Sweet(ing) win for young American
Wild card Ryan Sweeting won his first-round match Wednesday. However, Greg Garber explains why Sweeting can't collect on the $26,000 prize money for the victory.
NEW YORK -- A year ago, a gangly 18-year-old from the Bahamas named Ryan Sweeting blew through the draw here and won the U.S. Open junior title. Considering the achievement -- Stefan Edberg, Andy Roddick and Marcelo Rios are all former champions -- there was a widespread presumption that Sweeting would turn pro.
Oddly enough, he did not. He decided to go to college, the University of Florida, instead. And now, after a tantalizing and turbulent year, Sweeting is playing the best tennis of his life. He faces that same decision with an even greater sense of urgency.
"It's 50-50," Sweeting said on Wednesday, after he advanced to the second round of the U.S. Open. "It's great to play matches and travel all over the place. But it's a big difference playing tennis for a living."
Sweeting, who recently became a U.S. citizen, was declared the winner when Guillermo Coria retired after five games with a thigh injury. Because Sweeting is an amateur he cannot collect the $26,000 he earned for the victory.
The USTA handed out wild cards to seven rising American men, including the celebrated Donald Young. Sweeting was the first to deliver a victory. (Another wild card recipient, Sam Querrey, also won his match later in Day 3.)
If you search the ATP database, one of the few facts available is that Sweeting is ranked No. 495 in the world. In a press conference in the smallest interview room with six reporters, Sweeting listed his vitals -- he's 6-foot-4, 180 pounds -- and discussed his journey from the Bahamas, where he lived for a dozen years, to New York.
In the wake of the Open triumph, Sweeting was a popular fellow. He was pursued by agents and was invited to the Bollettieri Tennis Academy, where he won a practice match against Maria Sharapova 7-5, 6-3 -- after losing the first five games. He was also dismissed from the Florida tennis team after he was charged with DUI.
Life on the court has been smoother. Sweeting fashioned a victory over Justin Gimelstob in the first round at Washington and had qualifying wins over Vince Spadea and Guillermo Garcia-Lopez in New Haven, Conn. Next up is No. 26 seed Olivier Rochus, a winner on Wednesday over Olivier Patience. A week after the U.S. Open, Sweeting will travel with the U.S. Davis Cup team to Moscow where he'll serve as a practice hitter leading up to the semifinals.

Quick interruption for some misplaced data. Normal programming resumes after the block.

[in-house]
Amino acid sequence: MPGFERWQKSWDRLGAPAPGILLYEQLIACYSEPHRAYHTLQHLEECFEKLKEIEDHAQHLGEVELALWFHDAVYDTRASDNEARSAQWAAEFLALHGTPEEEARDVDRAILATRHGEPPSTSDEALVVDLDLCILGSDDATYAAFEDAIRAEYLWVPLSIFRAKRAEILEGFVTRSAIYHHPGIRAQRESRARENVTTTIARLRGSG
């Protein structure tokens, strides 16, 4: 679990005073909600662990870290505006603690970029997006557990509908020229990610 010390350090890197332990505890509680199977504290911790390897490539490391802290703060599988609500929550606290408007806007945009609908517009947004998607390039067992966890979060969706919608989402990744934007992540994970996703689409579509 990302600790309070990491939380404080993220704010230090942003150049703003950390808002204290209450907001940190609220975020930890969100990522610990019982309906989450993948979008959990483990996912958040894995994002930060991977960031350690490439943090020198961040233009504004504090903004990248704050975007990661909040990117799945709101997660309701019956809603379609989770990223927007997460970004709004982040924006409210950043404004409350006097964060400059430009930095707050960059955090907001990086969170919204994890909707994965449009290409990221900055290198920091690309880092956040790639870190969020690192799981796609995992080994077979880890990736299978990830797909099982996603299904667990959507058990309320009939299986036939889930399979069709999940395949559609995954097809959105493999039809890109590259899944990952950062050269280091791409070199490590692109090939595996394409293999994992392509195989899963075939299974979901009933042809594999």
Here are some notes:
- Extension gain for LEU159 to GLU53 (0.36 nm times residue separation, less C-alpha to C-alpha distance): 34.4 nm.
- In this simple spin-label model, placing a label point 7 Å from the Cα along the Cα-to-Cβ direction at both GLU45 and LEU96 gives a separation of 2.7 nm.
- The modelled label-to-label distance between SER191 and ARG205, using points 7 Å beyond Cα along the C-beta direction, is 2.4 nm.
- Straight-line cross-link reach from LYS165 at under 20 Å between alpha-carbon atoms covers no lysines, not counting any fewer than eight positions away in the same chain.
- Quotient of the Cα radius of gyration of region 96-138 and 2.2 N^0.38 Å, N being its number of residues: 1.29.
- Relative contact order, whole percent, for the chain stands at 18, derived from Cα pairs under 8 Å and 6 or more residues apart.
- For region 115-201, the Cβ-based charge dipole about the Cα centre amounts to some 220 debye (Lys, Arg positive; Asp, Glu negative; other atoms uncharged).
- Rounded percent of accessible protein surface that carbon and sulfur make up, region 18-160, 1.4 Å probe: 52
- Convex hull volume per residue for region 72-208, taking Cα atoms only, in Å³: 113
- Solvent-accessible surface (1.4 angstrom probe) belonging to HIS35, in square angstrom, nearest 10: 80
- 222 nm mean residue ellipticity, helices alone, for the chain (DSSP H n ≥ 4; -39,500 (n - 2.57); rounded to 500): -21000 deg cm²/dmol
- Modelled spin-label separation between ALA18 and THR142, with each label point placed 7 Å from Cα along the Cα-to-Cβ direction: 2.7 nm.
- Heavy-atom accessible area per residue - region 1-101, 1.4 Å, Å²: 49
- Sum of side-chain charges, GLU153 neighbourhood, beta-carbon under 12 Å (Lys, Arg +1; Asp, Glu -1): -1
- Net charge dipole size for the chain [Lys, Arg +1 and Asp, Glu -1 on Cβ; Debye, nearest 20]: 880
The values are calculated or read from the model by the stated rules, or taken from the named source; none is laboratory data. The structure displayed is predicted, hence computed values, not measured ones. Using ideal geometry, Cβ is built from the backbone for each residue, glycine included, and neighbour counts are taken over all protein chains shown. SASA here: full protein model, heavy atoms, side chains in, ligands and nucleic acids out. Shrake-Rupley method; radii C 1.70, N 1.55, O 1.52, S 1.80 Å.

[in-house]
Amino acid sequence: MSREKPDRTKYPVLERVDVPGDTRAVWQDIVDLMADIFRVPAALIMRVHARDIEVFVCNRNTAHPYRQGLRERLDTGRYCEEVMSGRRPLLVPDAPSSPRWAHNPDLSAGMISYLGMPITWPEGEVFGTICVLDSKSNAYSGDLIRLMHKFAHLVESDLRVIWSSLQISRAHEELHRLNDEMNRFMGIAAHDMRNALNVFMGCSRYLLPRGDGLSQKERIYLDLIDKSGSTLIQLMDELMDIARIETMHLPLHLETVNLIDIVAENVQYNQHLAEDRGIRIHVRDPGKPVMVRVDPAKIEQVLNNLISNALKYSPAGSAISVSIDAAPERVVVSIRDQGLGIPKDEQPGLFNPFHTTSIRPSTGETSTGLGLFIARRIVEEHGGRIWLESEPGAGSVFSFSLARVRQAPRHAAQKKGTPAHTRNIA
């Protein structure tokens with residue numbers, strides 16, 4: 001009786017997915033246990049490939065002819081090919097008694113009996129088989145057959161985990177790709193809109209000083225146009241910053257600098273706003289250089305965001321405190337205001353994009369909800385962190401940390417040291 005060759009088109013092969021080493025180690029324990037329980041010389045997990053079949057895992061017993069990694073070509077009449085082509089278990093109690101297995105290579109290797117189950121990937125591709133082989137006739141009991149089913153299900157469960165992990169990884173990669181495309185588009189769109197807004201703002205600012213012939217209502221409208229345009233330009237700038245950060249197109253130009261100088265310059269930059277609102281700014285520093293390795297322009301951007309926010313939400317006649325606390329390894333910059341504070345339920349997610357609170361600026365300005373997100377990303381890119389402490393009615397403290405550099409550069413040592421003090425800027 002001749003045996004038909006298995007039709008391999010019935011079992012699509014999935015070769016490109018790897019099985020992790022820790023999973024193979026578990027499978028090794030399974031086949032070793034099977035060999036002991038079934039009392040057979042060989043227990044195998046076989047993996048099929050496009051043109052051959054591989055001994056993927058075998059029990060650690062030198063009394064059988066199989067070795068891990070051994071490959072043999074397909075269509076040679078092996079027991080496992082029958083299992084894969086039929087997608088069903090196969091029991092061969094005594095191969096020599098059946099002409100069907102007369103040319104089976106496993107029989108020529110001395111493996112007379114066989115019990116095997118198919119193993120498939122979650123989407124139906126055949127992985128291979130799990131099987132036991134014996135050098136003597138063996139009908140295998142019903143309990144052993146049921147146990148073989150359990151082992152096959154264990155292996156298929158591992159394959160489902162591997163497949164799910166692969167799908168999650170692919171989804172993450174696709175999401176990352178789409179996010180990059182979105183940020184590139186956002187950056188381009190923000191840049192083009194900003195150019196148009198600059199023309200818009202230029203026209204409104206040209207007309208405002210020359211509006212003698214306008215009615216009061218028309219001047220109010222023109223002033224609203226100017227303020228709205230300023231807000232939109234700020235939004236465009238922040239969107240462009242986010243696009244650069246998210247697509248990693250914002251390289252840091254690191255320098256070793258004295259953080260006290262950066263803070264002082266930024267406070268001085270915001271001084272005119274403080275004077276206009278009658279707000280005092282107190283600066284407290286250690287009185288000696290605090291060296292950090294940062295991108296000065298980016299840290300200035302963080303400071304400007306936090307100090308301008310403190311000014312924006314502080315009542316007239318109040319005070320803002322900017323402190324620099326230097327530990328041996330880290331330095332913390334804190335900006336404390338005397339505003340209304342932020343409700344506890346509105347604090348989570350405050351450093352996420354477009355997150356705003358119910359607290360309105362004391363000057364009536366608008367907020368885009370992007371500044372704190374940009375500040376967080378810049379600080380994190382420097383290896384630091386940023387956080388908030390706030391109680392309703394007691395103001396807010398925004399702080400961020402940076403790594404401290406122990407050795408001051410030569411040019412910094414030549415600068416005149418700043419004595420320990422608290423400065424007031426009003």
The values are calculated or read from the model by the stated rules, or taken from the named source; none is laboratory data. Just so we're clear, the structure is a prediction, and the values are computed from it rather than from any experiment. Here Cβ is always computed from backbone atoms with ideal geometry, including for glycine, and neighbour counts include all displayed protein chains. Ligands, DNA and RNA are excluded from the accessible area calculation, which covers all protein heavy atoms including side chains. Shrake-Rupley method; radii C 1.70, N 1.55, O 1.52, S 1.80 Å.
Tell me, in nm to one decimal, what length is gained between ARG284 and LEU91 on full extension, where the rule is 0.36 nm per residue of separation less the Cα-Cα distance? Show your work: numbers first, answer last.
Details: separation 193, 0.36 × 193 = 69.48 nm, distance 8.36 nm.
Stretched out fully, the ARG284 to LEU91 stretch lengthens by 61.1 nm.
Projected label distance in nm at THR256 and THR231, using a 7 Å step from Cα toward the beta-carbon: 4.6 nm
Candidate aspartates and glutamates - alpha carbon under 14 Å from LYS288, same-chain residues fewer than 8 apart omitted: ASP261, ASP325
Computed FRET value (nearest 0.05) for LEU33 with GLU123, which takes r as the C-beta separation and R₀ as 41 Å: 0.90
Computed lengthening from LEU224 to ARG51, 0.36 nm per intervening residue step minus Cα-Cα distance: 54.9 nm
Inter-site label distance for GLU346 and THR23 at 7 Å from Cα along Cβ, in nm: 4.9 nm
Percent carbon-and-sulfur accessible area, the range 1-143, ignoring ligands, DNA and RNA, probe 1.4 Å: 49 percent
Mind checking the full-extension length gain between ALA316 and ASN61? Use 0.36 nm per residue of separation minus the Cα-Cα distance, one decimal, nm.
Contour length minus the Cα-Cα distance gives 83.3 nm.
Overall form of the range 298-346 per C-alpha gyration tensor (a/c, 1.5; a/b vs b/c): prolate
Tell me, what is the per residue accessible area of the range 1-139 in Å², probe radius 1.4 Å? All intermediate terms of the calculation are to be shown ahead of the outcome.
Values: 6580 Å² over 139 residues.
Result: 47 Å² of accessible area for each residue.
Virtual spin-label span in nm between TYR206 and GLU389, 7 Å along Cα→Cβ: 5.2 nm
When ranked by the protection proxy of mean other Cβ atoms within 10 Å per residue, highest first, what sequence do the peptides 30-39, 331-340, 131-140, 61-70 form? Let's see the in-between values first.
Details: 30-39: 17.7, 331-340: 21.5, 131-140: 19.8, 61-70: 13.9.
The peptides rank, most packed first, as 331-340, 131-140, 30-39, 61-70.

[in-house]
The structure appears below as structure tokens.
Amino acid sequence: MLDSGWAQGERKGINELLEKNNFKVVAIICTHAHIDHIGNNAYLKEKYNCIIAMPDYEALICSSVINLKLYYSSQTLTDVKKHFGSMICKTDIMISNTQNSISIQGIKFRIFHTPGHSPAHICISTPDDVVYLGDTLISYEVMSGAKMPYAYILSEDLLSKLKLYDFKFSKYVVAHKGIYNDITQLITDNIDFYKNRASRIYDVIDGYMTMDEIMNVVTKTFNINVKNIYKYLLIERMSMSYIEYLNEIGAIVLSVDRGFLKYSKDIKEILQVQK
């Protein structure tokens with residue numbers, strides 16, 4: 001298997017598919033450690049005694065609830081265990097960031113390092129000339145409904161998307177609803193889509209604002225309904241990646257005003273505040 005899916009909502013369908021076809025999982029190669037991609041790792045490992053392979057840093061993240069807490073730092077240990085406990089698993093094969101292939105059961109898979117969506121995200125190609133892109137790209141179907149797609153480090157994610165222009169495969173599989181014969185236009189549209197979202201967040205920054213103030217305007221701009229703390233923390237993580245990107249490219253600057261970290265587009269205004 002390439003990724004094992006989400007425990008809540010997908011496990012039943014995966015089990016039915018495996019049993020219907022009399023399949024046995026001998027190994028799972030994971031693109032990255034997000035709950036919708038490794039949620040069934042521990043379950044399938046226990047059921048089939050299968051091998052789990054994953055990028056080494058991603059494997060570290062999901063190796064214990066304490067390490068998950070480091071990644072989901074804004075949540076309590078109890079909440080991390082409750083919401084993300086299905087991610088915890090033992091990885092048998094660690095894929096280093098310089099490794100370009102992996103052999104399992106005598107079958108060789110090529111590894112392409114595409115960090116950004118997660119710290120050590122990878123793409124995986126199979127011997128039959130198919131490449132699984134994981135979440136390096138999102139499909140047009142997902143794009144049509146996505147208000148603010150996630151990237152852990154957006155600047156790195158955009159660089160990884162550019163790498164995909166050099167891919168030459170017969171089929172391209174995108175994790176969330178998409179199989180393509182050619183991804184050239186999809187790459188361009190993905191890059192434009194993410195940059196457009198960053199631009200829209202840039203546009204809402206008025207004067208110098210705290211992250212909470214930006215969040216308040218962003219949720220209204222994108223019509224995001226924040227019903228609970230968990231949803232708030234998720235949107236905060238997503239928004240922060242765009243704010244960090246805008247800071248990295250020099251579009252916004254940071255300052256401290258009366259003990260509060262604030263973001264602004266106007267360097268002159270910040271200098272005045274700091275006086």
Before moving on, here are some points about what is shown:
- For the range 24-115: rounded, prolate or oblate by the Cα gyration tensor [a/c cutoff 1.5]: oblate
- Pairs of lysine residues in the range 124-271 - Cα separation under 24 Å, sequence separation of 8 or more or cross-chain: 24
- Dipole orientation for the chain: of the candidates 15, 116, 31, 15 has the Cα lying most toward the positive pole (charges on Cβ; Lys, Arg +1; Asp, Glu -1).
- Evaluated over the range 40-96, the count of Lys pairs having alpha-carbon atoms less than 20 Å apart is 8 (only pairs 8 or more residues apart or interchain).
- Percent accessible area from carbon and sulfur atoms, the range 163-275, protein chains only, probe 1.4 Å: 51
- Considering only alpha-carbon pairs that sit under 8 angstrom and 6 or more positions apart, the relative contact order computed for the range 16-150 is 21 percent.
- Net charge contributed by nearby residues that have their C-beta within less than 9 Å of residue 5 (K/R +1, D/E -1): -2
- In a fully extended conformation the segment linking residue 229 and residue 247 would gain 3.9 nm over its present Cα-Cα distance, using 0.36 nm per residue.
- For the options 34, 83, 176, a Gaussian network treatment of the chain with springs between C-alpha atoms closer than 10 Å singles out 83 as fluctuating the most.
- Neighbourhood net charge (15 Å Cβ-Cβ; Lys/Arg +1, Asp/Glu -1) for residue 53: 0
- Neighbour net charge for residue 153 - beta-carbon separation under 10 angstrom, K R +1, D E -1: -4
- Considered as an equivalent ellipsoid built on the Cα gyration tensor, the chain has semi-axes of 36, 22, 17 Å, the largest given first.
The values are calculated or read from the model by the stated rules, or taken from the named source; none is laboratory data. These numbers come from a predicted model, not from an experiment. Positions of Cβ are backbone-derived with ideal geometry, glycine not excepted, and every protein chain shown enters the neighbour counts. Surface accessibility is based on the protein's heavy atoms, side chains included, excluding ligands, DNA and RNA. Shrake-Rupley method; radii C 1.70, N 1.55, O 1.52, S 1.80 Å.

He said he is enrolled for his sophomore year at Florida, but although classes have already begun he's working in New York. His coach, former professional Harold Solomon (winner of 22 ATP tournaments) is urging him to turn pro. His Gators ball cap, enthusiasm over his first apartment and generally laid-back approach suggest that it's no guarantee.
NEW YORK -- Robert Kendrick said lingering fatigue from having made his way into the main draw through the qualifying tournament helped cost him a first-round match against 17th seed Andy Murray. But he was upbeat about his season, which includes a valiant five-set second-round loss to Rafael Nadal at Wimbledon.
Kendrick, 26, spent three years in college at the University of Washington and Pepperdine and sat out most of last summer with a wrist injury, but still feels he has a chance to be a top player. Kendrick said he isn't discouraged at being overshadowed by younger up-and-coming Americans.
"The organization I'm from, if you go to college, they give up on you," he said, referring to the U.S. Tennis Association. "They gave up on me. But that's just all the more motivation."
He is 4-5 in ATP events this year and won a lower-level Challenger event on clay.
|PHOTO OF THE DAY|
AP Photo/Louis Lanzano
Wearing beribboned tube socks and a semi-sheer angel wing top, American Bethanie Mattek had the most talked-about outfit at the U.S. Open. Mattek, however, lost in straight sets to Daniela Hantuchova.
|ADVANTAGE LUKE JENSEN|
Effects of rain delay
|STAT OF THE DAY|
6 -- In the Open era, years that ended in six (1976, '86, '96) both the men's and women's No. 1 seeds won the U.S. Open.
1996: No. 1 Sampras def. No. 2 Chang, No. 1 Graf def. No. 2 Seles
1986: No. 1 Lendl def. No. 16 Mecir, No. 1 Navratilova def. No. 7 Sukova
1976: No. 1 Connors def. No. 2 Borg, No. 1 Evert def. No. 2 Goolagong.
|QUOTE OF THE DAY|
|Asked if she has regained her conditioning and if she has been spending hours and hours in the gym, Serena Williams said, "I would never really tell you everything I do. I was at the pool sipping lemonade; that way everyone else will do that."|
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Dates: June 26-July 9
Defending champions: Venus Williams, Roger Federer
Time difference: Great Britain is 5 hours ahead of ET
• Day 13: Federer wins men's title
• Garber: Federer maintains supremecy
• Sheppard: Nadal No. 2, and closing, on grass
• Notebook: Gilbert deal to coach Murray not official ... yet
• Jensen: Federer learned from French Open
• Day 12: Mauresmo wins women's title
• Garber:Mauresmo keeps nerves in check
• Sheppard: Bryans complete career Grand Slam
• Shriver, Fernandez: Mauresmo held up when it mattered
• Men's final preview: Nadal won't be an easy out
• Day 10: Women's semis | Nadal reaches semifinals
• Garber: Mauresmo breaks through
• Garber: Nadal's transition to grass
• Shriver: Two Grand Slam finals in one
• Navratilova loses final Wimbledon match
• Paul Goldstein blog
• Day 9: Men's quarterfinals
• Garber: Baghdatis awaits Nadal-Nieminen winner
• Garber: Navratilova wants one more title
• Sheppard: Bjorkman wins five-set marathon
• Notebook: Women's semifinal previews
• Nestor-Knowles win longest Grand Slam doubles match in history
• Day 8: Women's quarterfinals
• Garber: Belgians meet for third time in '06
• Garber: Mauresmo at home in Wimbledon
• Hawkins: Sharapova not fazed by streaker, Dementieva
• Notebook: Quarterfinal previews